One of the ways the DWP has tried to cover up the vicious attacks on disabled people has been the gushing and cringe-making Disability Confident campaign.
This has mostly involved endlessly tweeting the hashtag #disabilityconfident and organising corporate events where large employers and Ministers all meet up to tell each other how wonderful they are being to disabled people. Then they can all go back to sending disabled people on workfare safe in the knowledge that the campaign they invented has told them that’s okay.
You might expect however that the DWP’s own treatment of their disabled staff would be exemplary. This is after all the branch of government which also includes the Office for Disability Issues. The shocking truth, as revealed in their own research, is that disabled employees at the DWP are twice as likely to get sacked as non-disabled staff and just half as likely to get promoted.
The figures come in the DWP’s annual Equality Information Report which covers the year 2013. It shows that on every significant indicator disabled staff are treated worse than those who are non-disabled. Here’s a quick breakdown of the figures:
The DWP employs 95,923 people, with 6.8% of staff having declared some form of disability.
Disabled people were more likely to be disciplined: 2.9% of the disabled workforce at the DWP faced some form of disciplinary action compared to just 1.9% of non-disabled workers.
Disabled people were far more likely to get sacked: Of those that left the department, disabled people were over twice as likely to have been sacked as non-disabled employees. 17.1% of disabled people leaving the DWP were sacked compared to 8.4% of non-disabled staff.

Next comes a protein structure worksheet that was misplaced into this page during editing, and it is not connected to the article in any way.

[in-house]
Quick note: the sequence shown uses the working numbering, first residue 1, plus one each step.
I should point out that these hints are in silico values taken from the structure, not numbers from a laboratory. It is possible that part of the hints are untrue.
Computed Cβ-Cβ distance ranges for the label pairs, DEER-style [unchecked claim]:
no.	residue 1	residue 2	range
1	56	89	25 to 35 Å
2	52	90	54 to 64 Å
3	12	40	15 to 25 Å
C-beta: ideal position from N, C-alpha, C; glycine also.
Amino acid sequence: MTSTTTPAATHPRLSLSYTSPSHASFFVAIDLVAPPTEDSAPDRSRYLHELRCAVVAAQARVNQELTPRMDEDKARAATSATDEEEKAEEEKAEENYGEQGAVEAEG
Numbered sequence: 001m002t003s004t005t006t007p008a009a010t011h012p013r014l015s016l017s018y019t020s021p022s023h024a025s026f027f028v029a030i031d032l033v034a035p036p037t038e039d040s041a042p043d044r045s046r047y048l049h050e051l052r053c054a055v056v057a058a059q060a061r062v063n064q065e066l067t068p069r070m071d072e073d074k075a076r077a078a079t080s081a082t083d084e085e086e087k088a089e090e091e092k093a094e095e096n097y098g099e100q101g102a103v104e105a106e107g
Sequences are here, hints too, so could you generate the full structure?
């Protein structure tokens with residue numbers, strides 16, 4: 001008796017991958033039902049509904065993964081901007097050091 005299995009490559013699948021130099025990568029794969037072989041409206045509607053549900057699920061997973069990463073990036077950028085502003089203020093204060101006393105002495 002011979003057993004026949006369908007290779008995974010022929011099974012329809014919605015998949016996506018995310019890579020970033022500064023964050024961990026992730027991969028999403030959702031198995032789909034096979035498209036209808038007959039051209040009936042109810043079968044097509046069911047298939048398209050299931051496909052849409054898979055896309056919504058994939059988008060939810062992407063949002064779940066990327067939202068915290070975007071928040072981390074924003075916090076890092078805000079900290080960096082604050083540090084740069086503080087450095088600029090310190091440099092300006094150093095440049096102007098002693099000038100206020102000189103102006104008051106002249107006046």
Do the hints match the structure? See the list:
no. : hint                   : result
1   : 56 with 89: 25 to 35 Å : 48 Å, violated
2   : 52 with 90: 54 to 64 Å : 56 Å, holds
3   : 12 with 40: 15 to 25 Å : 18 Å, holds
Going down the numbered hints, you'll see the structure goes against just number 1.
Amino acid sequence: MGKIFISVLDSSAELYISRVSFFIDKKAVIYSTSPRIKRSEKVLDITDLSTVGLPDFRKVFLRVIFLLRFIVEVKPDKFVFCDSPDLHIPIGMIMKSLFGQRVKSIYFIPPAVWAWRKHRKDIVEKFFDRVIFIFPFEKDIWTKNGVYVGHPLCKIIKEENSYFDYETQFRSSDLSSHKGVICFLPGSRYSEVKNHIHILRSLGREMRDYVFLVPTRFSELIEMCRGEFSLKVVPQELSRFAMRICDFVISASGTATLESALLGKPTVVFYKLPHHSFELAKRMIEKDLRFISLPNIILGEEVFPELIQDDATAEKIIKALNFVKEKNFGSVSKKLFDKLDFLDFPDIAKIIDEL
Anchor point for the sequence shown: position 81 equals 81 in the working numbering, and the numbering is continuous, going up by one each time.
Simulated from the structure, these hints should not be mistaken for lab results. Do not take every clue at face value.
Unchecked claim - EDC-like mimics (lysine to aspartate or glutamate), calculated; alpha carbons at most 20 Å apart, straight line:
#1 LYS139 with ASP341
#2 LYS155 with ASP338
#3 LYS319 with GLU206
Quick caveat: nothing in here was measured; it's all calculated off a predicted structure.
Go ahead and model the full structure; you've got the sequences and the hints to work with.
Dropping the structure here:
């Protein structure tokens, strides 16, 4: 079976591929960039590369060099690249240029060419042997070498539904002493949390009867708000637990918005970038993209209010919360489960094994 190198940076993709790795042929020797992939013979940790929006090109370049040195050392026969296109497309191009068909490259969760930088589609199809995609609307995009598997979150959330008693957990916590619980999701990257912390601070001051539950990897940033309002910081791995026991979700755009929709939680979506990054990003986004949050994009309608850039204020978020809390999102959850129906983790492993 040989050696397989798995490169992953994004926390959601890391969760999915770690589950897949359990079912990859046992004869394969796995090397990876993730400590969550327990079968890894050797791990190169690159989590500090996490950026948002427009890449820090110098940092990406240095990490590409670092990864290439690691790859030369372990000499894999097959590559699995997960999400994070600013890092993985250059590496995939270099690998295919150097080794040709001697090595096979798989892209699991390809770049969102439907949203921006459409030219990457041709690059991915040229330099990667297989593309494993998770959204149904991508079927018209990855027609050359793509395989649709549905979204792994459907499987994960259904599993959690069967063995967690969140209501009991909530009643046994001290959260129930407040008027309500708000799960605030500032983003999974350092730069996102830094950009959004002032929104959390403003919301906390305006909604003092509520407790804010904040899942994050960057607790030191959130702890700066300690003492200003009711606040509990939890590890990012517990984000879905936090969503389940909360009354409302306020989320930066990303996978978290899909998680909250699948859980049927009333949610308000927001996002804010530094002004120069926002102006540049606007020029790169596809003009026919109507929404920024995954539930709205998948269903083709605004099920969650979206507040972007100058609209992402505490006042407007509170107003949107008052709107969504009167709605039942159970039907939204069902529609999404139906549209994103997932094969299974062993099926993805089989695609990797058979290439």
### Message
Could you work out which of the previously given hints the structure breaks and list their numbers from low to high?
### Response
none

Disabled people were more likely to raise a grievance: 2.7% of disabled workers raised a grievance with the DWP compared to 1.6% of non-disabled workers.
8 .6% of the people who left the DWP were disabled, higher than the rate of disabled employees (6.8%) showing that disabled people were more likely than non-disabled people to leave the department in 2013.
Disabled people were less likely to be given a job: the report doesn’t give percentages of successful applications but they can be worked out. 16.6% of non-disabled people who applied to the DWP were successful compared to 14.2% of disabled people.
Disabled people were less likely to be promoted: Disabled staff were only half as likely to get promoted with just 0.3% of the DWP’s disabled workforce being promoted compared to 0.6% of non-disabled workers.
Perhaps reflecting this, disabled people were less likely to be in senior roles. 89.8% of disabled staff were in the lowest three categories of seniority compared to 87.4% of non-disabled staff. On the higher grades disabled people were under-represented at every single level.
And of course, disabled people get paid less at the DWP. On average across all salaries, disabled people were paid 0.8% less than non-disabled people.
Is this disability confident, or is this disability discrimination?
You can read the full report at: https://www.gov.uk/government/uploads/system/uploads/attachment_data/file/328840/Department_for_Work_and_Pensions_Equality_Information_2014_-_Employee_Data.pdf
This blog has no sources of funding so here’s a quick reminder that you can help ensure it continues by making a donation.
Follow me on twitter @johnnyvoid